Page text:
But just recently Chris (not his real name) revealed his struggle with an ice addiction in a bid to show not all drug addicts are “down-and-outs with missing teeth”.
Chris is a close friend of mine and only recently told me of his meth addiction. I was shocked. I had no idea. He believes no-one is aware of his addiction. “Obviously my three drug dealers know,” he said. I interrupted. “Three?”
“Yep, three. You always need more than one because when one runs out, you contact the other. Dealers are notoriously unreliable. You put the feelers out to all of them and see who messages back first,” Chris said.
Chris is in his late 30s, holds down a well-paying job in the tech sector and told me he had always managed to keep his addiction a secret.
Chris’s girlfriend of a year was the only other person who knew of his meth addiction. That was until he told me. I asked him why he told me.
“I’m sick of the media’s perception that all meth addicts are down and outs with teeth missing who don’t feed their kids and steal from everyone,” he said.
“I’ve never stolen from anyone, nor resorted to crime. I have no money. When I spend it, it’s gone.” He is now struggling with debt.
Chris earns a little over $100,000 a year, has consolidated debt twice and maxed out his three credit cards again. That was all in 14 months.
He now owes $80,000 in total between a personal loan and credit cards. Tears start to well in his eyes
“I think I’ve probably spent $200,000 on meth over the years and do you know what I have to show for it?” he asked me rhetorically.
“Nothing. Debt. I’m almost 40. I should own a house, but instead I have nothing to show for my life.
“I don’t deserve the love of people, nor the friendship. I’m a selfish addict who reverts to his shell in order to feed my addiction.”
Chris fought back the tears and emotion just long enough to get out the words that truly shocked me.
“Some days I wished I was dead or would die in an accident or similar. If I went to a doctor and they told me I had cancer, I wouldn’t have fought it. I’d say let it takes its course and let me die.”
His tears turned to uncontrollable crying as his thoughts go to his teenage daughter.
“What have I done for her? I disappear for vast amounts of time and she always seems to forgive me. When I see her I want to spoil her, but I go months without seeing or talking to her,” he said. ‘There is almost no place to go to help you fight the addiction’
Chris is a wreck, but determined to fight his addiction. He feels though there is no support.
“There is almost no place to go to help you fight the addiction,” Chris said.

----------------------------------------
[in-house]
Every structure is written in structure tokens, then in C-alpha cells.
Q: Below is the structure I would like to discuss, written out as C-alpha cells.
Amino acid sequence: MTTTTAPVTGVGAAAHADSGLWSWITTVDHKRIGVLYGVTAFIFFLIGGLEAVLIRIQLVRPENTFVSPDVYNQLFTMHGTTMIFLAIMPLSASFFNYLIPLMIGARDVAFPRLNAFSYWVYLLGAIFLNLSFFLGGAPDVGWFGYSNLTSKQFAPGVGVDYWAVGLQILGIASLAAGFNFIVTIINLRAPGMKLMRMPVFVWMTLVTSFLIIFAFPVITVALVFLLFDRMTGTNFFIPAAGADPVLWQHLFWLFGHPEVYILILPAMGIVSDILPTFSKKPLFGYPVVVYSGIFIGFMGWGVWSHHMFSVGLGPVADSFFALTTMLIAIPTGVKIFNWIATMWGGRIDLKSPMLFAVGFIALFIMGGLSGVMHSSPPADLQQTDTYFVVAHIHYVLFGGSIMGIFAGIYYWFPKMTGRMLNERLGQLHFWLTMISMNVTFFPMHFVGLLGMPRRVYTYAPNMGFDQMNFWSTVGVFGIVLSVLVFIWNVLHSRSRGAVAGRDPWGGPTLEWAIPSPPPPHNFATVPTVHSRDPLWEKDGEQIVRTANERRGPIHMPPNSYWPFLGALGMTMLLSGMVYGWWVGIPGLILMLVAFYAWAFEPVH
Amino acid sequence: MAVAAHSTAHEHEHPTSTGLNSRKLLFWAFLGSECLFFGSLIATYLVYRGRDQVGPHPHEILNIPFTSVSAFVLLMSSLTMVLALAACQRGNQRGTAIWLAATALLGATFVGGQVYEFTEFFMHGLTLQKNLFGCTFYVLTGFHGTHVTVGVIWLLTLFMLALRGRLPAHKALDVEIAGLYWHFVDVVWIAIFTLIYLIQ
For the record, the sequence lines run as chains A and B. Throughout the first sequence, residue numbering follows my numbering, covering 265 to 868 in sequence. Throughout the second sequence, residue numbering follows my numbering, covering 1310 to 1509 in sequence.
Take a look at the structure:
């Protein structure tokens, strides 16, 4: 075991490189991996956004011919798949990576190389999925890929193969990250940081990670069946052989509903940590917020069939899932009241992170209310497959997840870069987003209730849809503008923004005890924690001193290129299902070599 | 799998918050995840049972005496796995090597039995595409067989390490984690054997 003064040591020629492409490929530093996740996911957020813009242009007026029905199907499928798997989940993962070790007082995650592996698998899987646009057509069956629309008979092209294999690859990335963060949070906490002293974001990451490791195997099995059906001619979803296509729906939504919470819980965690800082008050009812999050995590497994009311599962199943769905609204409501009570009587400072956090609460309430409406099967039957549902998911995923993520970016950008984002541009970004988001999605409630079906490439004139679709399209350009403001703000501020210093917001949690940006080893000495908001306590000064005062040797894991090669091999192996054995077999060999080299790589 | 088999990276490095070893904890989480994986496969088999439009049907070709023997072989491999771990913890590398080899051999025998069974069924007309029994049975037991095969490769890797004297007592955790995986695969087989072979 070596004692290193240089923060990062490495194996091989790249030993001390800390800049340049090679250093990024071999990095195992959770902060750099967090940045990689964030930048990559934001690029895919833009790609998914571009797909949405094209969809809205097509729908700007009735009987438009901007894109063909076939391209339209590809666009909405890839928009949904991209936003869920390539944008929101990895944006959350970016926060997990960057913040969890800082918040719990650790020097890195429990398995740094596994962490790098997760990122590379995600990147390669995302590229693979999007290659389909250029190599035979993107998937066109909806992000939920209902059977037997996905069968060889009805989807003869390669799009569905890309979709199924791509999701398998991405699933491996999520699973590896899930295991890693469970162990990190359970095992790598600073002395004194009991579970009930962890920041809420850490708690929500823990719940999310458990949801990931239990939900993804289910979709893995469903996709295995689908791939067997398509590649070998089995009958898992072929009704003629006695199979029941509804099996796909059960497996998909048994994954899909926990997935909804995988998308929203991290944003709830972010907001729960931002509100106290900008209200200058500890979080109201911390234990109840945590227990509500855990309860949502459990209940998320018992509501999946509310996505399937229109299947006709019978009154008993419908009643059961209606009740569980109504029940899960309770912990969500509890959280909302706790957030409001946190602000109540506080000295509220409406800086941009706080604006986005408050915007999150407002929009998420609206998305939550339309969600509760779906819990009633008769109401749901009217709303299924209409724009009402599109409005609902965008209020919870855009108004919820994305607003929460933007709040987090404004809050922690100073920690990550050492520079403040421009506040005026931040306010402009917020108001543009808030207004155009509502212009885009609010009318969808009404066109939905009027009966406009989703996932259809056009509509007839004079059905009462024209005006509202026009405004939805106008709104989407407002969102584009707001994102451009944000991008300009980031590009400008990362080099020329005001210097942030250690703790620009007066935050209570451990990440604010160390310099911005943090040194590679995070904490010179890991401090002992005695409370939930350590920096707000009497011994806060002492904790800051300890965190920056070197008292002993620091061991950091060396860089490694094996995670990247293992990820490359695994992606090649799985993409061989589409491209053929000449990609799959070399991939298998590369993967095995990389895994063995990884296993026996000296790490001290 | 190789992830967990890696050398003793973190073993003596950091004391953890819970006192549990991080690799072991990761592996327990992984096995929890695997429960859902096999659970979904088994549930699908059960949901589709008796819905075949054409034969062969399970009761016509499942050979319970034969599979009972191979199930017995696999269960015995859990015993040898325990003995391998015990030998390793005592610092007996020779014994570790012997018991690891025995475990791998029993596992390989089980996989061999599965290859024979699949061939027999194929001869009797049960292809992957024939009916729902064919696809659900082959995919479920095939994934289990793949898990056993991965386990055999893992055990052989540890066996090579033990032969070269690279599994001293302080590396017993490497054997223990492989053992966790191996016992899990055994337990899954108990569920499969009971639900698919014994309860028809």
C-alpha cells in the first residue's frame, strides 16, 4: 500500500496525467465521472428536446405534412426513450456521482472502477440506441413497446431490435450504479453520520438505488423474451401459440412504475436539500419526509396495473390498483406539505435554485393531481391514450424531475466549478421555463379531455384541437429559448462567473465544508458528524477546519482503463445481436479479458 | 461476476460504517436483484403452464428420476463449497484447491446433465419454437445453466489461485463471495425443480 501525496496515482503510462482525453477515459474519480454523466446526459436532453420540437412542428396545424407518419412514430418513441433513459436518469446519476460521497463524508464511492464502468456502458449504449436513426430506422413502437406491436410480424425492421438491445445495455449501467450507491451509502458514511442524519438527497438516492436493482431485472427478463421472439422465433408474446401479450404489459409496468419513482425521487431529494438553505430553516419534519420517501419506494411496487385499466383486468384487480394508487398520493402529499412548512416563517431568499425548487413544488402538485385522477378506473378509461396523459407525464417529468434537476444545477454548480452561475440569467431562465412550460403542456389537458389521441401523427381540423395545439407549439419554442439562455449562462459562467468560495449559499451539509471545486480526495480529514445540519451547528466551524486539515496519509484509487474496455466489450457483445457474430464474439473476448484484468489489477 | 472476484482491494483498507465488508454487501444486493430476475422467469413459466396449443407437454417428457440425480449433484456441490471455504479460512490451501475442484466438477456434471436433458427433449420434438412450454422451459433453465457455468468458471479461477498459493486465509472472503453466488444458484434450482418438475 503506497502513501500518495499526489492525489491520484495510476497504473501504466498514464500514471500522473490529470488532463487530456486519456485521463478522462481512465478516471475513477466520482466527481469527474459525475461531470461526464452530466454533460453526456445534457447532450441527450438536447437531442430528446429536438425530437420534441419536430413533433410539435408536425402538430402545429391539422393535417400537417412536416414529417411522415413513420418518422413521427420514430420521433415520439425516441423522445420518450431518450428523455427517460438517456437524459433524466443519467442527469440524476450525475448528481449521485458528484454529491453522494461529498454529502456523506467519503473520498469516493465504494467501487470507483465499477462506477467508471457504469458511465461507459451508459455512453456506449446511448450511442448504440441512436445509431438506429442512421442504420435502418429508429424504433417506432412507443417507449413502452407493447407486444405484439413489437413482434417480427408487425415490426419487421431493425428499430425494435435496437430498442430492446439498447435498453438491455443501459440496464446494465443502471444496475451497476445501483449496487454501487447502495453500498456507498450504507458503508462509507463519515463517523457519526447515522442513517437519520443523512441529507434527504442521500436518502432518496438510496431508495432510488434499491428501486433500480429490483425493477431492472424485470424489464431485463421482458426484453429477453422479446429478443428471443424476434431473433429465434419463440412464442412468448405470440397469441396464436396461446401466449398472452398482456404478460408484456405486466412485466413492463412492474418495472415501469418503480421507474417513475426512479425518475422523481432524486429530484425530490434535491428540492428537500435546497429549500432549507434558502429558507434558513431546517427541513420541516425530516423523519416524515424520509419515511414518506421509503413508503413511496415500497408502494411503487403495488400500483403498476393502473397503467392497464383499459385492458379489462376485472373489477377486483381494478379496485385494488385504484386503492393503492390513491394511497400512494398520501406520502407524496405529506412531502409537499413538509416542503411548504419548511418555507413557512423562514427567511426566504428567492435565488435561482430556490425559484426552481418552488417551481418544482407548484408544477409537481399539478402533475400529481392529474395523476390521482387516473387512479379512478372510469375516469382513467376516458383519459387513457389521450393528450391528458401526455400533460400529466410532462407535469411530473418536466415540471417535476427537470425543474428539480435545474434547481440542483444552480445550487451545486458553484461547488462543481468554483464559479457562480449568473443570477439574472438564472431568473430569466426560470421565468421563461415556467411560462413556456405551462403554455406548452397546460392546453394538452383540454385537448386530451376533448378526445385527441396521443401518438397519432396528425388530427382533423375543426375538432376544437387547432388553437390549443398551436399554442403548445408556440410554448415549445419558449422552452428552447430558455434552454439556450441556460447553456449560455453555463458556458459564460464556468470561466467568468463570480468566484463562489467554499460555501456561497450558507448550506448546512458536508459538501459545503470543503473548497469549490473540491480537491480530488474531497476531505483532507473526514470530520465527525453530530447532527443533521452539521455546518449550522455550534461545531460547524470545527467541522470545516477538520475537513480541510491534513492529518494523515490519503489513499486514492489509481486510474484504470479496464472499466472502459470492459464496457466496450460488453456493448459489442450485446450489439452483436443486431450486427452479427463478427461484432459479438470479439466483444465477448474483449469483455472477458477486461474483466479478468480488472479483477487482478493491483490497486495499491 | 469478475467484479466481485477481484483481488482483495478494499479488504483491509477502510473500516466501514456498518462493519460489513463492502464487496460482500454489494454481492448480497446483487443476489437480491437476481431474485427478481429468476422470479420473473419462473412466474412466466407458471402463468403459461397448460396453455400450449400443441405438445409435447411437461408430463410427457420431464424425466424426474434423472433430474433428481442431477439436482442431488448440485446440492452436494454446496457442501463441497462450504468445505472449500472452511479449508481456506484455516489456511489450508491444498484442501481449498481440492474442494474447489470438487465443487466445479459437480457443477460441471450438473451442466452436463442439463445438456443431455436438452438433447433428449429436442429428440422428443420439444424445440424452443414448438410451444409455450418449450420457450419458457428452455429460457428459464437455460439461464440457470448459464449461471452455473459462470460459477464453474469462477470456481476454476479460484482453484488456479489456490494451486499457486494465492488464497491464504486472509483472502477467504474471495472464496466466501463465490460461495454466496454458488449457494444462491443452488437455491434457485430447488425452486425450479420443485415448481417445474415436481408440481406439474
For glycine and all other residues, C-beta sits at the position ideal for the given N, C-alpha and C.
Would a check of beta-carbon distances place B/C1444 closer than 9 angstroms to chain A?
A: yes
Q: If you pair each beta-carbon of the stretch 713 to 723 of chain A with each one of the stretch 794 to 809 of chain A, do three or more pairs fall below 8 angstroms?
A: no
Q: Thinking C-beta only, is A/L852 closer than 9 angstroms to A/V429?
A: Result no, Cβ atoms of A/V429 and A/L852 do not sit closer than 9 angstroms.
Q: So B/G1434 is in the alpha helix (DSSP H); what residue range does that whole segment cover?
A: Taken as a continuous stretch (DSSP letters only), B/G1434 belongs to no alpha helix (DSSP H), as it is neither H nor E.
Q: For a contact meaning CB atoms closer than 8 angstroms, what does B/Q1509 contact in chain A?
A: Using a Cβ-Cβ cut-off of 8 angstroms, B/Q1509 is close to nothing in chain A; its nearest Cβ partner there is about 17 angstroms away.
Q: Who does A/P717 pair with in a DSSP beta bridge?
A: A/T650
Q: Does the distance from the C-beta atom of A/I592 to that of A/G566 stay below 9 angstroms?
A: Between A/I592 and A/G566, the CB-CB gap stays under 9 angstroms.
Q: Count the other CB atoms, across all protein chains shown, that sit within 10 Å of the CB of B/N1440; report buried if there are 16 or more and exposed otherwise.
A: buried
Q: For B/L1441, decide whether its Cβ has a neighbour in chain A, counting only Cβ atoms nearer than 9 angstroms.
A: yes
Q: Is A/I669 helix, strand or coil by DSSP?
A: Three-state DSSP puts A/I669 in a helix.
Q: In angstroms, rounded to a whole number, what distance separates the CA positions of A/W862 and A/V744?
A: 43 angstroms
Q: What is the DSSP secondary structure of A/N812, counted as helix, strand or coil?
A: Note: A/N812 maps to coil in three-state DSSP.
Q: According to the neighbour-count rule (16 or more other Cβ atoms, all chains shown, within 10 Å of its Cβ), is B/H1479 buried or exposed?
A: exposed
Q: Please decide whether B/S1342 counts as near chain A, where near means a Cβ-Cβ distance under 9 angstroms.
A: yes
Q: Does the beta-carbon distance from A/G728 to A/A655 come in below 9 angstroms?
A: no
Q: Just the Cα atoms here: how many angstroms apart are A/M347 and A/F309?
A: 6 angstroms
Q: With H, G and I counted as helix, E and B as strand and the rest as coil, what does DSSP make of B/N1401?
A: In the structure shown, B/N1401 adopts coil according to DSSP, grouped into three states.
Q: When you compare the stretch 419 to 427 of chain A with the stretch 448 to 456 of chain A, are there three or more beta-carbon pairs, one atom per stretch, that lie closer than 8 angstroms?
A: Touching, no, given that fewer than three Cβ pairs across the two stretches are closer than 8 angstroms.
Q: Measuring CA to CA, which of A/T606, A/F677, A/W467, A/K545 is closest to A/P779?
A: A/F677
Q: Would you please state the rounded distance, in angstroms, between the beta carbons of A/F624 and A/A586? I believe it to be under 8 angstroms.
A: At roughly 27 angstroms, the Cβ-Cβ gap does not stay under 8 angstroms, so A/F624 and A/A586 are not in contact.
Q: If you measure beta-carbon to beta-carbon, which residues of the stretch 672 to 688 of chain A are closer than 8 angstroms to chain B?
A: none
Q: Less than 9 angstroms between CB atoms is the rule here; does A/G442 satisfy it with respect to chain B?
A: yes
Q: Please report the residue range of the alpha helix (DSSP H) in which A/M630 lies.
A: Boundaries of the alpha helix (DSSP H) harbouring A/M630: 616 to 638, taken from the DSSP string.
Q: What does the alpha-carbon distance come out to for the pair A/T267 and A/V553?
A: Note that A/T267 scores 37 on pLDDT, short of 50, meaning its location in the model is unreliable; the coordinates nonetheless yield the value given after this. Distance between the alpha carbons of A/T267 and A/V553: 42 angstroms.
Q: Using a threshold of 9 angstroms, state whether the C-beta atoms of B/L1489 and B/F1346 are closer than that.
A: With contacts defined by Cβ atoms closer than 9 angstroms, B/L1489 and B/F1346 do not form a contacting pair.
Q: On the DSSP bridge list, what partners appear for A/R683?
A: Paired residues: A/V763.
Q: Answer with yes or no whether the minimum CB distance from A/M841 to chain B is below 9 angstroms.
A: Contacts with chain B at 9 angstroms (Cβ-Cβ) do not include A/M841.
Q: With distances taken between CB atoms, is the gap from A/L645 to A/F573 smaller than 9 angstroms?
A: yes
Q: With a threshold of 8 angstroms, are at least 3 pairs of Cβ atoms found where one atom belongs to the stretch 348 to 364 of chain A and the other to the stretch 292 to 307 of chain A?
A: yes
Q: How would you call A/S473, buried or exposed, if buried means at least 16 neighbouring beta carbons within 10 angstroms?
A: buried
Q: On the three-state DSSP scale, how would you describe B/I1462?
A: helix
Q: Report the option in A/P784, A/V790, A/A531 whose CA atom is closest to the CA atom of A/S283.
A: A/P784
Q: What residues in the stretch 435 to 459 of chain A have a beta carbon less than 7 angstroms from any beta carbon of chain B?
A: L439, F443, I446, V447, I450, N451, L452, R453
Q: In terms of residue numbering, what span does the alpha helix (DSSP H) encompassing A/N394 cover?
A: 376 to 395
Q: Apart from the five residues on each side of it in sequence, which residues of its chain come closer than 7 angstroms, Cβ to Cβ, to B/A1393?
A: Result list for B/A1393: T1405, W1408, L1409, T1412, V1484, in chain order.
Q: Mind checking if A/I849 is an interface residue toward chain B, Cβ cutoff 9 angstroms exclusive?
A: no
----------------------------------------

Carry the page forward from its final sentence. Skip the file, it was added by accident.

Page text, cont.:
“If the Government was truly keen to fix this problem there would be clinics everywhere. I checked out clinics for meth addiction and unless you have a crap load of money, you can’t get the help you need.”
Chris laughed before adding: “Tell me one meth addict with a crap load of money? There aren’t any.” I asked Chris why he stopped and he quickly replied: “Money, mainly.” Chris then shocked me for the second time that evening.
“I became the person I never thought I would become. I hurt my girlfriend, all because I wanted drugs,” he said.
He sat silently and I did not want to ask. He wept.
“We started arguing and before long she slapped me across the face. I cracked. I stopped her from leaving the house and I was unknowingly strangling her,” he said.
“She bit me because she didn’t have the breath to force the words from her mouth to say I was choking her.
“I stopped and ran away from her knowing my actions were of the lowest forms of society who beat women to make themselves feel stronger. I felt weak. I felt little. I felt ashamed.
“She told me the next day that she thought she was honestly going to die that night. I never thought I would be one who dealt out domestic violence, but here I am.”
He was ashamed of himself. I was ashamed of him. I shook my head at him in disbelief more than anything else.
After a long silence Chris continued: “This was the turning point. I knew it was time to put meth behind me.” Government-funding needed, not ‘pretend handouts’
That was nearly three weeks ago and Chris is still clean. His hurt is still raw, as is his embarrassment for what he has done and having to finally admit it to someone.
“I do however want people out there to know this drug can affect all socio-economic groups, all types of people and all families,” Chris said.
“I come from a loving family and there have been no tragic circumstances or past indiscretions that have led me down this path.
“Meth addicts are not all down and outs, and deserve help. Not some pretend handout from politicians who walk out in front of the media to falsely tell us this ‘epidemic’ is being treated seriously, yet give no serious money to help combat this problem.
“Meth is meth. It’s a drug which can consume people, but so is alcohol and tobacco. If governments want to seriously tackle these issues, they need to use the taxes they make from the latter to seriously help those in need.”
Chris finishes our catch up by telling me both he and his partner will be supporting White Ribbon Day on November 25 this year, a campaign to stop violence against women. He left me with one final quote.
“I swear never to commit, excuse or remain silent about violence against women. This is my oath.”